U.K. vocalist Joss Stone will return this spring with her third album, "Introducing Joss Stone." Due March 20 via Virgin, the set was produced by Raphael Saadiq and features guest turns by Common ("Tell Me What We're Going To Do") and Lauryn Hill ("Music"). Other songs set to appear on the album include "Headturner," "Tell Me What We're Gonna Do Now," "Tell Me 'Bout It," "Nothing Better Than (The iPod Song)" and "I Wish I Never Met You." Additional contributions were provided by rapper/producer Novel (Kelis, India.Arie) and Beau Dozier, the son of Motown titan Lamont Dozier. "Introducing" is the follow-up to 2004's "Mind, Body & Soul," which debuted at No. 11 on The Billboard 200 and has sold more than 1.2 million copies in the United States, according to Nielsen SoundScan.
In the run-up to this, her third album, Joss Stone told a phalanx of glossy magazines that the difference between this disc and the two that preceded it was a newfound clarity of vision. Whereas the other records--their gold status notwithstanding--represented the fumblings of a huge-voiced kid being bossed around by experienced music-biz types, this one, she promised, would reveal the real her. Thus, the titular "introduction." To which anybody who spins the 14 groovy and fully unbuttoned tracks herein will wish to reply not "nice to meet you"--far too lame a sentiment for so fully realized a disc--but "Where have you been all my life?" As good as Joss Stone's previous efforts are, Introducing Joss Stone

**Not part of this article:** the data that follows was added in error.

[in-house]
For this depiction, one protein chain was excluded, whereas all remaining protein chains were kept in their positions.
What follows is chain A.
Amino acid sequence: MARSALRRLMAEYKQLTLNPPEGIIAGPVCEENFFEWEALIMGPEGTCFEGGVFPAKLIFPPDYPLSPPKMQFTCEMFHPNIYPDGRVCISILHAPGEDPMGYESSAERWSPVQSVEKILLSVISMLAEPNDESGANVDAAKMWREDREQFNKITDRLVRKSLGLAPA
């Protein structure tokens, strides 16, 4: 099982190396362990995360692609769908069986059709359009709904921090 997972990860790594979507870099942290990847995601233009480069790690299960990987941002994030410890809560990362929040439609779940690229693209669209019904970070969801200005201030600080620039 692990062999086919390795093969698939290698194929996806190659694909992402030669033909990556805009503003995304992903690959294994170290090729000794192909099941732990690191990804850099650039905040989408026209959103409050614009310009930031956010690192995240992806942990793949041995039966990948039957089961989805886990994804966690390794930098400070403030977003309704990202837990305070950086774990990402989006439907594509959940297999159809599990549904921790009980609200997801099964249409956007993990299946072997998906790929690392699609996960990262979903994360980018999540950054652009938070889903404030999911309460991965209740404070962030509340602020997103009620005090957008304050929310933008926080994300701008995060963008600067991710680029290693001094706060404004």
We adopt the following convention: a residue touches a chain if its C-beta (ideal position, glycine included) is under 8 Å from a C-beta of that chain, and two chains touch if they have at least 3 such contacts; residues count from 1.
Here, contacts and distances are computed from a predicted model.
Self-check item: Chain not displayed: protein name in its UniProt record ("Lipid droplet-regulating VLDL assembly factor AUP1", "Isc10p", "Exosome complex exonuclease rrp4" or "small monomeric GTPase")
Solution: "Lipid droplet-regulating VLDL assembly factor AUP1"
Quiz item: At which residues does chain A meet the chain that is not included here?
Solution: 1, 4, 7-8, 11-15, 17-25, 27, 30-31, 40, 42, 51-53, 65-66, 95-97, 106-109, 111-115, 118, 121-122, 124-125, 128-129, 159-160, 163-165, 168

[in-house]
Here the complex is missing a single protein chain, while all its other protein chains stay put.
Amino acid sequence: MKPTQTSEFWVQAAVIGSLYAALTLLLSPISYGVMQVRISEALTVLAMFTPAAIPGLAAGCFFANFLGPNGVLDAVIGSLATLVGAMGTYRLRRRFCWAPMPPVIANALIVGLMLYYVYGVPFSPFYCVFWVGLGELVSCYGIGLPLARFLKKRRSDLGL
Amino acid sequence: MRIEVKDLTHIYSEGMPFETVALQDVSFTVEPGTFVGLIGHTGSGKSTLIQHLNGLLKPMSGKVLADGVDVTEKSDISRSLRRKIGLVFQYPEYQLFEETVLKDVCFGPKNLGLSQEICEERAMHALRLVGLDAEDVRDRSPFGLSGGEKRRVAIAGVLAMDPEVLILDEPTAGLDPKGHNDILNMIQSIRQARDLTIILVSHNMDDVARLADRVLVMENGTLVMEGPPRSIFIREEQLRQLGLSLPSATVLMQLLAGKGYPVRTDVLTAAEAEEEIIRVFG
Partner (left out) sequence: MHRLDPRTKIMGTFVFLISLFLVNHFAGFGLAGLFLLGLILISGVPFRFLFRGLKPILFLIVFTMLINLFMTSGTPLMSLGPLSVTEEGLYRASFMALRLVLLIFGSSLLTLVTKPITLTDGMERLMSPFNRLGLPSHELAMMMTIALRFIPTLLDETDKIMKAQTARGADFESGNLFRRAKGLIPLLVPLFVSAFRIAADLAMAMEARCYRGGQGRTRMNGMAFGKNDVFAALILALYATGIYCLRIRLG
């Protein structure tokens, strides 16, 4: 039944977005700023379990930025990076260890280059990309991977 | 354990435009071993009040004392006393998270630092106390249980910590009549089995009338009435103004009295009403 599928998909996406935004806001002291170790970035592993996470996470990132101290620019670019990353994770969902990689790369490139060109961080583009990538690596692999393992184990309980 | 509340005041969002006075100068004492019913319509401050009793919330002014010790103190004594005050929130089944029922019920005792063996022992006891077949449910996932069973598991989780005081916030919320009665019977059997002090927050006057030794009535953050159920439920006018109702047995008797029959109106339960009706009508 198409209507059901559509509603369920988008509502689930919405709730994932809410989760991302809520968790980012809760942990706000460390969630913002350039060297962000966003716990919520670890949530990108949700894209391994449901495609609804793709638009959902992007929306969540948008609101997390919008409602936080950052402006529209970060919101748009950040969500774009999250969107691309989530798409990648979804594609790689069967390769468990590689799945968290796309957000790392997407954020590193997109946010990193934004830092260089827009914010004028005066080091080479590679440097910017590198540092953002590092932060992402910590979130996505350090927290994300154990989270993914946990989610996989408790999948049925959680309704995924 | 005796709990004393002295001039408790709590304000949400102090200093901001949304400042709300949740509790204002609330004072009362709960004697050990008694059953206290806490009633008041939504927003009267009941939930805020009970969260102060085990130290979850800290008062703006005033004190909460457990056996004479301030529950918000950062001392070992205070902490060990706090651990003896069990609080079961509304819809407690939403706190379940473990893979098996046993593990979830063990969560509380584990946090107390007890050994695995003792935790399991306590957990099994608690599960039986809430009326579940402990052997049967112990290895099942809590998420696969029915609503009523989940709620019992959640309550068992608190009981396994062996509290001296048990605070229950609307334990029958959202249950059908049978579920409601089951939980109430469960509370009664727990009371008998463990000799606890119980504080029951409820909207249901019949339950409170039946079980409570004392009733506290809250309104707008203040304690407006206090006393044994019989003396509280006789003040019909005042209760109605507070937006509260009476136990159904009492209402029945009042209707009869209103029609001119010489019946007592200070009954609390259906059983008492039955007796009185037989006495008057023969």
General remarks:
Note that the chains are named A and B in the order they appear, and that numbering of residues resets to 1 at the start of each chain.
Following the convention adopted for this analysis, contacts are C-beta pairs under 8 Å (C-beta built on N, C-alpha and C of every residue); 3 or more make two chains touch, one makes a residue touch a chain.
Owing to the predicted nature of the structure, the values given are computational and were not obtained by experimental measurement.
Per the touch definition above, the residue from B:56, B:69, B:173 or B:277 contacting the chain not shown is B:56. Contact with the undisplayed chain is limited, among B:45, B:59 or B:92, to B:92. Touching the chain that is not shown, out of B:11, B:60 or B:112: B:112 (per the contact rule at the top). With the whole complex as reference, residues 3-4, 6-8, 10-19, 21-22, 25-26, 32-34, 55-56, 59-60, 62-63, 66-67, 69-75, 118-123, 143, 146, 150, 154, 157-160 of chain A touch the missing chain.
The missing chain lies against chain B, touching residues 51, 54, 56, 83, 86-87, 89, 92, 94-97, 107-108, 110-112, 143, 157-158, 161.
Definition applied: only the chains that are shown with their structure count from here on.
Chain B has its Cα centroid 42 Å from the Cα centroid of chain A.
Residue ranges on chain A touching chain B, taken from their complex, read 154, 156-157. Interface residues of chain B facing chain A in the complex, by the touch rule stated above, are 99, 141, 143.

represents a giant step forward: there's a freshness to these songs that suits her age (19 as of the album's release) and a funkiness that suits modern pop sensibilities. There's also a cross-hatching of visions with artists like Lauryn Hill and Common that will rightly advance her reputation as an artist who can sling disco, R&B, and rock almost as convincingly as soul. Splicing girl-group harmonies with blaxploitation-style funk with Joplin-esque and, at times, Shelby Lynne-reminiscent vocals, Stone works these Raphael Saadiq-produced beats with the stealth and steadiness of a '70s-era legend who's still going strong. "Girl They Won't Believe It," she wails against the tight hoo-hoo harmonizing of talented backup singers on the opening track; get a load of how much she's accomplished in the space of three albums, and you won't believe it, either. --Tammy La Gorce